During this online residency I’ll be documenting work continuing on the audio/literature project I started at my in situ residency at FAC in Dec 2022. Walyalup or Fremantle as a first site for it was apt, where I spent a lot of time around the port. A common thread in the work is ballast: the entity that fills ships’ hulls to keep them steady when not carrying cargo (the “ballast” here is just sea water itself), and the rocks under railway lines maintaining the tracks’ stability. It occurs in nature too: creatures like blowfish and argonaut octopi stay afloat thanks to water ballast in their bodies. So you go to this trouble to make something float, but then you have to weigh it down a bit for it to work properly – a kind of temperance.

Ballast is a vector for stowaways. Shipping ballast water is collected in coastal waters in one place then discharged in another, often full of organisms that get moved around from port to port. These creatures form a population of unwanted species when discharged in foreign environments, and have names like: Spiny Water Flea, North American Comb Jelly, Round Goby, Toxic Algae, Mitten Crab, Zebra Mussel, American Razor Clam, North Pacific Seastar. 3-5 billion tonnes of ballast water is transferred throughout the world each year, and the amount is increasing. Ballast water creatures are starting to turn up in new places as new shipping routes open up due to climate change, like the Northwest Passage in the Arctic Circle.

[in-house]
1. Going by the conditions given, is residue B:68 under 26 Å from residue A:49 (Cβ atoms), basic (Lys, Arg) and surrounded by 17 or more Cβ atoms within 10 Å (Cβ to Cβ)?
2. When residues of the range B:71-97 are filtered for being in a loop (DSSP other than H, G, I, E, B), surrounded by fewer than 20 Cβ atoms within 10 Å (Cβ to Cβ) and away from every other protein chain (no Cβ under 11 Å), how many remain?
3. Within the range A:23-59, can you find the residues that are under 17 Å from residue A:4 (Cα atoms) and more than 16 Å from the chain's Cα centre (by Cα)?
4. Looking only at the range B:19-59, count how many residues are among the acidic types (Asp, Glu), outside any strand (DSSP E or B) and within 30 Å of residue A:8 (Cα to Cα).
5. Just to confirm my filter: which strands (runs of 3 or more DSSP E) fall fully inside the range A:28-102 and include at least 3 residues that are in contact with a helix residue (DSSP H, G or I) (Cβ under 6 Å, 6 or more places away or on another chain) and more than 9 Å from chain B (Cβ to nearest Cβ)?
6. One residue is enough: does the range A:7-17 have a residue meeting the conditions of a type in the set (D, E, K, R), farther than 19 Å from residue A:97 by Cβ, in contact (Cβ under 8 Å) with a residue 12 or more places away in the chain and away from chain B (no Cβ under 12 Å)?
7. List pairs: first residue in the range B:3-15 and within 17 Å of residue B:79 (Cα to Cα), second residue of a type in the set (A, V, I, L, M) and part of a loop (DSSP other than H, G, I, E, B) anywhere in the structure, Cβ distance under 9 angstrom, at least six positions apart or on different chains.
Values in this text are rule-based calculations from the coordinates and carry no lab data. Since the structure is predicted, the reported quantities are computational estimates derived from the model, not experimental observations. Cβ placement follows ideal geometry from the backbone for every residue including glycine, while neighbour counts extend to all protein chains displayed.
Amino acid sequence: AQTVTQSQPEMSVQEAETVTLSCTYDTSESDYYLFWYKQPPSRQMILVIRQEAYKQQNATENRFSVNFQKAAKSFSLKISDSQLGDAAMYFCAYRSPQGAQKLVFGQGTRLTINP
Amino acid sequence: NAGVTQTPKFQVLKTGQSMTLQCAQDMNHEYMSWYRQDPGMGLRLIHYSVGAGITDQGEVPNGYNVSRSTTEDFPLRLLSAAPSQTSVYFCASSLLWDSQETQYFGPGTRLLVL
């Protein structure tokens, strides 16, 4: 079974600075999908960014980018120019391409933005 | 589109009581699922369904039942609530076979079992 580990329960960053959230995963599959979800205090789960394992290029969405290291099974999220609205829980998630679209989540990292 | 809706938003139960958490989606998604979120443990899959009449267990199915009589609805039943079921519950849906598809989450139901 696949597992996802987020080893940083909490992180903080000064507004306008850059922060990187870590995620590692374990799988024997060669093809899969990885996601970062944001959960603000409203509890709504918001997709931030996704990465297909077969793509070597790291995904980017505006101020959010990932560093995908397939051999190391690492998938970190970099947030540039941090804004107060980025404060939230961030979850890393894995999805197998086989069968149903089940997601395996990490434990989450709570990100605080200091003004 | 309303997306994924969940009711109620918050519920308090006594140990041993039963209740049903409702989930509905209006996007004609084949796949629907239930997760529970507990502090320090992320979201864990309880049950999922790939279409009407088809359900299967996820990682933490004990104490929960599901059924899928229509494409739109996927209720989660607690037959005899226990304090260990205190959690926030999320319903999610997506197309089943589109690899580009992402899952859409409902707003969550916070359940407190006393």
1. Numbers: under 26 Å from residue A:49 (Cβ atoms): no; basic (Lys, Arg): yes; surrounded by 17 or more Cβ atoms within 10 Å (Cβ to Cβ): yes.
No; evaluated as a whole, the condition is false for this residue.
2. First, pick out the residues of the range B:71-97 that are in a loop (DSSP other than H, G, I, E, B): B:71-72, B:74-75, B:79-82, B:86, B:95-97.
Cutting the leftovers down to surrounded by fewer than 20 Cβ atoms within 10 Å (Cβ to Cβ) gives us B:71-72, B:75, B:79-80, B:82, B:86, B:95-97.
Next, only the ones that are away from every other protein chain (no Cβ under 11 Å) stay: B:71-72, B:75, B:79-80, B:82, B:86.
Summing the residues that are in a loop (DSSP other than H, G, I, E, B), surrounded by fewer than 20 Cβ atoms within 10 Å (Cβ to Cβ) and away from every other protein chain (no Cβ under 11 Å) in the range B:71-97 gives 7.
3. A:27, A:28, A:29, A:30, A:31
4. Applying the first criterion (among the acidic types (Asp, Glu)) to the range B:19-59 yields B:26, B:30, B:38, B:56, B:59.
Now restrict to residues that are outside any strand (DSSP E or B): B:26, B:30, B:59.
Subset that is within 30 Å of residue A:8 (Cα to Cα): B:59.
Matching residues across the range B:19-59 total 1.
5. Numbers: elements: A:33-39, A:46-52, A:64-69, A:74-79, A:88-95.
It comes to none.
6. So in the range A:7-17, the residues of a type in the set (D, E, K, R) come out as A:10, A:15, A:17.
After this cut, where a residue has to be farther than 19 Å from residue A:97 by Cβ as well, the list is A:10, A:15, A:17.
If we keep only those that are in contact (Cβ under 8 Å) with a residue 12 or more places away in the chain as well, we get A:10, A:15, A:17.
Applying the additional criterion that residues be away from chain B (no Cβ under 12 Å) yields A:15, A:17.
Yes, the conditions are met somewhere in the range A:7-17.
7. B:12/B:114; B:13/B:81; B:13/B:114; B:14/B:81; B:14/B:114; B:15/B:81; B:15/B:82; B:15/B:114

Rail freight (and its ballast) acts as a conduit for human stowaways, but its corridors also enable other species to mobilise in these relatively protected zones of industry. The history of trains is bound up in the history of time; time zones were created for them. Over the years I’ve wondered not just about the sentience hosted by trains, but their own imaginations and agendas. My favourite hobby is anthropomorphising stuff, but the iron horses make it pretty easy. I like to think all players have consciousness.